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  1.  14
    A Response to Hans Lucht's “Violence and Morality: The Concession of Loss in a Ghanaian Fishing Village”.Simeon O. Ilesanmi - 2010 - Journal of Religious Ethics 38 (3):478-484.
    The violent encounter between Africans and the forces of globalization raises the question of whether Africans should capitulate to these forces or seek to morally transform them, notwithstanding the uncertainty of achieving success. This essay argues that an exclusively existentialist interpretation of the African predicaments is inadequate because it erects a false dichotomy between African religious and moral sensibilities. It proposes instead an ethic of responsibility that affirms the interdependence of not only these two realms of life, but also of (...)
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  2.  45
    Just War Theory in Comparative Perspective: A Review Essay. [REVIEW]Simeon O. Ilesanmi - 2000 - Journal of Religious Ethics 28 (1):137 - 155.
    The late twentieth century has provided both reasons and occasions for reassessing just war theory as an organizing framework for the moral analysis of war. Books by G. Scott Davis, James T. Johnson, and John Kelsay, together with essays by Jeffrey Stout, Charles Butterworth, David Little, Bruce Lawrence, Courtney Campbell, and Tamara Sonn, signal a remarkable shift in war studies as they enlarge the cultural lens through which the interests and forces at play in political violence are identified and evaluated. (...)
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  3.  19
    Leave No Poor Behind: Globalization and the Imperative of Socio-Economic and Development Rights From an African Perspective.Simeon O. Ilesanmi - 2004 - Journal of Religious Ethics 32 (1):71 - 92.
    Globalization is being celebrated in many circles as a distinctive achievement of our age, drawing peoples and societies more closely together and creating far greater wealth than any previous generations ever knew. While the first of these assertions is correct in the sense that societies and cultures are colliding, hitherto relatively closed horizons are opening up, and spaces and time are compressing, the second deserves critical interrogations. Using Africa's experience with globalization as a case study, this article argues that globalization (...)
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  4.  4
    Leave No Poor Behind:. Globalization and the Imperative of Socio-Economic and Development Rights From an African Perspective.Simeon O. Ilesanmi - 2004 - Journal of Religious Ethics 32 (1):71-94.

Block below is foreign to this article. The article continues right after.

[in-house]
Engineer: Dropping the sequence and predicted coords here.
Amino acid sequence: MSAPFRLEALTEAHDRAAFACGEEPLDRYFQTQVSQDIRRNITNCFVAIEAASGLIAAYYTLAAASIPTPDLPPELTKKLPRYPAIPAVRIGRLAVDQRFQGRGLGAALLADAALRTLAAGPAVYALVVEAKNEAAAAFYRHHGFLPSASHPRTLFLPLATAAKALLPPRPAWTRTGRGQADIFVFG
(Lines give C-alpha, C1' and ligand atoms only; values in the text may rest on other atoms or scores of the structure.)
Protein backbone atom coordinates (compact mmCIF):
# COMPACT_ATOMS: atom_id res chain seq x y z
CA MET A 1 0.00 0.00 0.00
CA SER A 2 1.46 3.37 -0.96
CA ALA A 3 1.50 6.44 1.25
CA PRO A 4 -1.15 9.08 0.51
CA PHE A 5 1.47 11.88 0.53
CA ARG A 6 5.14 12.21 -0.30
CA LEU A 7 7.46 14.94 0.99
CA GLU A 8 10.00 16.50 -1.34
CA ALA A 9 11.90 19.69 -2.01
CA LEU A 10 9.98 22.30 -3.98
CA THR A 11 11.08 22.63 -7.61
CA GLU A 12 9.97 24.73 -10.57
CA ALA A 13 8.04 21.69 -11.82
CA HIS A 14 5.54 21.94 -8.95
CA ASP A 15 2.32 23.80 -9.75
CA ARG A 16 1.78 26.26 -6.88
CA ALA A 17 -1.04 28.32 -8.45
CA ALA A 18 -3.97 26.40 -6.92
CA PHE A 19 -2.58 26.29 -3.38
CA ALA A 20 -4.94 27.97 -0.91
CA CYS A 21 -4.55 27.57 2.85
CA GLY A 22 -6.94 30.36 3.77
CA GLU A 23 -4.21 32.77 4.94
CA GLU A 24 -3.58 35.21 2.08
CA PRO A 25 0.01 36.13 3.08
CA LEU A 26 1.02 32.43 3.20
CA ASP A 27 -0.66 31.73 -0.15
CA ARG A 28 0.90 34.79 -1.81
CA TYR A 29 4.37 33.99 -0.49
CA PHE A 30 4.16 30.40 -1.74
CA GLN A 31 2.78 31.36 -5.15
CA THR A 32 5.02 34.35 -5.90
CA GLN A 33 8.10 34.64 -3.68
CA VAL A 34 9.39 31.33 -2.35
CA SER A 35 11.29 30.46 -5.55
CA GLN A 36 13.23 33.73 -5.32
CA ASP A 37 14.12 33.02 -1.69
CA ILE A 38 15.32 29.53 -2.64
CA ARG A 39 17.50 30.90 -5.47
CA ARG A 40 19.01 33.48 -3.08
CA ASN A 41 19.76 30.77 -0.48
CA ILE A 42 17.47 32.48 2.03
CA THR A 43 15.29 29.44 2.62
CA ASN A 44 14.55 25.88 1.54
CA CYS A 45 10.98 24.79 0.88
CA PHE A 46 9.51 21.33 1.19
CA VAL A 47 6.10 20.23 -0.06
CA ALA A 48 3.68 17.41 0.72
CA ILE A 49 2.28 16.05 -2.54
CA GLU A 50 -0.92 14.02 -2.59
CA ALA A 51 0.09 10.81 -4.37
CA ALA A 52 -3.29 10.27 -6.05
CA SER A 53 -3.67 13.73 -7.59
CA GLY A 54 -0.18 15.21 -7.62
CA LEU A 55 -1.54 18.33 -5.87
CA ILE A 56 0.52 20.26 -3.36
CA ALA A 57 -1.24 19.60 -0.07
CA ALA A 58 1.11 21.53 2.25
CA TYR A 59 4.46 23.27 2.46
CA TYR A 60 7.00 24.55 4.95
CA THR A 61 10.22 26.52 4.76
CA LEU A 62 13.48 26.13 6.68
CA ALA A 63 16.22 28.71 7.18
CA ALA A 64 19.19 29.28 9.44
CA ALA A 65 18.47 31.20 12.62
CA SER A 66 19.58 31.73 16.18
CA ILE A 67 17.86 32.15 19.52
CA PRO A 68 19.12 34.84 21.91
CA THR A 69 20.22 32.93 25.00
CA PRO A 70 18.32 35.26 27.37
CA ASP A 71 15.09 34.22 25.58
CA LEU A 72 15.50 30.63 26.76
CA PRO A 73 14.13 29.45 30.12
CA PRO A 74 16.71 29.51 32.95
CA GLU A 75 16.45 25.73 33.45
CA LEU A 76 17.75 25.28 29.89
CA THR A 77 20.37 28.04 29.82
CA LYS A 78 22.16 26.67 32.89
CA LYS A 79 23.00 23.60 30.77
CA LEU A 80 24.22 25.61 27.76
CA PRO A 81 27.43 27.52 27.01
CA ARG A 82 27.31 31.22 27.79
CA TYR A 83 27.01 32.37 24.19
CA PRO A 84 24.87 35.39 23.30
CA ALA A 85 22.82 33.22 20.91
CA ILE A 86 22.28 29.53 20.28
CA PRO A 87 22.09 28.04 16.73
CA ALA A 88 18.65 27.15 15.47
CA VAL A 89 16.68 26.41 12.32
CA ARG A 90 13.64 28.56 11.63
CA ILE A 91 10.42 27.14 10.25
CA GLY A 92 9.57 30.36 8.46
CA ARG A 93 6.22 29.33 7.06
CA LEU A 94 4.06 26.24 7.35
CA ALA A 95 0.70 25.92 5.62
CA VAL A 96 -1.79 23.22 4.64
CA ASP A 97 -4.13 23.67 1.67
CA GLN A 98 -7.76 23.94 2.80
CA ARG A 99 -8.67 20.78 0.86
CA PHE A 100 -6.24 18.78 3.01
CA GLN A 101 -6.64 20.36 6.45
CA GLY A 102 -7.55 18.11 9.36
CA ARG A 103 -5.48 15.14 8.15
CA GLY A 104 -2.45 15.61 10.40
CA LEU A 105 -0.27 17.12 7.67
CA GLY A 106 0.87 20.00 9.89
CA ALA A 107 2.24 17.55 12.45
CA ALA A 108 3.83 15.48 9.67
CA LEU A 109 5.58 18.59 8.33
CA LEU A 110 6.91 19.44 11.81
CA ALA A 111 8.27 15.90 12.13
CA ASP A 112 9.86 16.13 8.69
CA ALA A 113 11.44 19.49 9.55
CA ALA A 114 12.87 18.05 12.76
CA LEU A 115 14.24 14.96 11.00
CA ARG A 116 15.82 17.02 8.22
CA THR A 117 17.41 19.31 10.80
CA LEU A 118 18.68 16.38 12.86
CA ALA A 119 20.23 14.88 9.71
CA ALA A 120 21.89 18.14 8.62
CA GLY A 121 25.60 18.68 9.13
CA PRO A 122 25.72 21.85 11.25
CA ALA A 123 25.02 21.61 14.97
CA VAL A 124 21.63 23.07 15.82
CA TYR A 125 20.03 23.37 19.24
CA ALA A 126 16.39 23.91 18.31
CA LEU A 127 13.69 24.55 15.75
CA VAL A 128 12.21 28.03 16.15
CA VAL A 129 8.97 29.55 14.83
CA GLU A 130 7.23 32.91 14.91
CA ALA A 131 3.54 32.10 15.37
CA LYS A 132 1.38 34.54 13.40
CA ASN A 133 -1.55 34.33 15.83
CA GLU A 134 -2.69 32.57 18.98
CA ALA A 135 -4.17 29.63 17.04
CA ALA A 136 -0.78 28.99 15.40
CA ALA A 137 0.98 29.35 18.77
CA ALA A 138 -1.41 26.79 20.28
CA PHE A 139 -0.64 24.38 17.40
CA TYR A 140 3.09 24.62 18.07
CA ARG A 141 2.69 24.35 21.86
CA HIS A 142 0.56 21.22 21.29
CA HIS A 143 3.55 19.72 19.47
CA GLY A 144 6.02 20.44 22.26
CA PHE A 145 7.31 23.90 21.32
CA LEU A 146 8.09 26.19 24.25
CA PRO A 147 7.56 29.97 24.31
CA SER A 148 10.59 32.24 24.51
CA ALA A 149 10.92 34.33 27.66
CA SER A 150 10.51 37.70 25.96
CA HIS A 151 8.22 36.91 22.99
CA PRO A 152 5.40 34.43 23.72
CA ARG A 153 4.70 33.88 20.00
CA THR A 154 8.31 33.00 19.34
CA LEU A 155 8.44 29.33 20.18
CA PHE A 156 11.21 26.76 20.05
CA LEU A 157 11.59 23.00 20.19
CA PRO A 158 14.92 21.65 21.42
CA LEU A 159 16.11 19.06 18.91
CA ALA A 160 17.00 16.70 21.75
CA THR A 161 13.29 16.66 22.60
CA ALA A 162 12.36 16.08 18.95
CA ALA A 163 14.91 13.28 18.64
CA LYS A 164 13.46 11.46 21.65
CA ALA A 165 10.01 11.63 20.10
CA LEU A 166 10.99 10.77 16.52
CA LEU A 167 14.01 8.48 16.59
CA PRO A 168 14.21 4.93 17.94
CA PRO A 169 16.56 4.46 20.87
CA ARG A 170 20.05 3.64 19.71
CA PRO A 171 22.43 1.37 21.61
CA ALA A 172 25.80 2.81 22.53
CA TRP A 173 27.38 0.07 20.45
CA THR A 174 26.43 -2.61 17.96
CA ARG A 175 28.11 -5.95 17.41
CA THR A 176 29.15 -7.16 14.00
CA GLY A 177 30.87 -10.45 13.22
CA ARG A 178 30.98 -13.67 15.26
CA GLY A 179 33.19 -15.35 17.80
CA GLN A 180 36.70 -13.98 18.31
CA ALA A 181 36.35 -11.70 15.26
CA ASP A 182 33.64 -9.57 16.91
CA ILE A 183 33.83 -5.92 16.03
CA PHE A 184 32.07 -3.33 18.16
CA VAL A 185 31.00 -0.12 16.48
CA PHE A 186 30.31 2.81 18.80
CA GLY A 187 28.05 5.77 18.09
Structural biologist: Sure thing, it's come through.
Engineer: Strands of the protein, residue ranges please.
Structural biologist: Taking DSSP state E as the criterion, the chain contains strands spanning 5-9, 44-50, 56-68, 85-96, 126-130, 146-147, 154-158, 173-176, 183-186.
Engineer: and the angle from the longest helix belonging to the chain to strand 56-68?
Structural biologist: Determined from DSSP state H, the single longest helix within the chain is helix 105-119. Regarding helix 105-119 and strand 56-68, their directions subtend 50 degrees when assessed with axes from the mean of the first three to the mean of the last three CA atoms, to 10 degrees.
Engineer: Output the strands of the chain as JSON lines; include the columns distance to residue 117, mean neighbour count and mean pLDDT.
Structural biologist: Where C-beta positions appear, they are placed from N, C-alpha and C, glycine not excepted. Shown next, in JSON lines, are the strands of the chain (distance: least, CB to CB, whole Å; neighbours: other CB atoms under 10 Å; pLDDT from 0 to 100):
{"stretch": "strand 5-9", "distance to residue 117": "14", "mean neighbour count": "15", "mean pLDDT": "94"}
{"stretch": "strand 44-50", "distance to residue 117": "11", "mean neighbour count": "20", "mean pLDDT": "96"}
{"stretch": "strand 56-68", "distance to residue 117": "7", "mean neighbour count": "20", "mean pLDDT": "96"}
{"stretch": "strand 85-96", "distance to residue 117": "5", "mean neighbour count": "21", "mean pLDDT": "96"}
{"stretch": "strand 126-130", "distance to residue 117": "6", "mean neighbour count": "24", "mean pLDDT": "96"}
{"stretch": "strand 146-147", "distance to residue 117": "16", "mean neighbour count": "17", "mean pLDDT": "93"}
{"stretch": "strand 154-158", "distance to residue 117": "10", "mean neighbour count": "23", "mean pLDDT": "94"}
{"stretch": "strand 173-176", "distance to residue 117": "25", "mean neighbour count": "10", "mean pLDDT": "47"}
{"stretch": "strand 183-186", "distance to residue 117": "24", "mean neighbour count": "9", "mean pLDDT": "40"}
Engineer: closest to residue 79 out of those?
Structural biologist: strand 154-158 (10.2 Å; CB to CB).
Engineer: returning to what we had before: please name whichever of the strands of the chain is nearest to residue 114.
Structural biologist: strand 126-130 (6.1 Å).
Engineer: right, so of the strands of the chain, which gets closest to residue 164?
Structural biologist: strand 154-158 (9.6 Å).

Globalization is being celebrated in many circles as a distinctive achievement of our age, drawing peoples and societies more closely together and creating far greater wealth than any previous generations ever knew. While the first of these assertions is correct in the sense that societies and cultures are colliding, hitherto relatively closed horizons are opening up, and spaces and time are compressing, the second deserves critical interrogations. Using Africa's experience with globalization as a case study, this article argues that globalization (...)
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  5.  1
    Recentering Christian Ethics as Comparative Religious Ethics.Simeon O. Ilesanmi - 2019 - Journal of Religious Ethics 47 (4):773-777.
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  6. So That Peace May Reign.Simeon O. Ilesanmi - 2003 - Journal of the Society of Christian Ethics 23 (1):213-226.
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  7.  25
    Human Rights Discourse in Modern Africa: A Comparative Religious Ethical Perspective.Simeon O. Ilesanmi - 1995 - Journal of Religious Ethics 23 (2):293-322.
    Contemporary discourse on human rights in Africa constitutes an important and controversial aspect of the general discourse on African society and culture. I begin by examining the idea of human rights as a moral category and discuss its pertinence to African cultural and political life. I then analyze and discuss the two dominant positions in the current debate, namely, the communitarian and the individualist theses. I argue that both positions are inadequate because they dissociate dimensions of life that need to (...)
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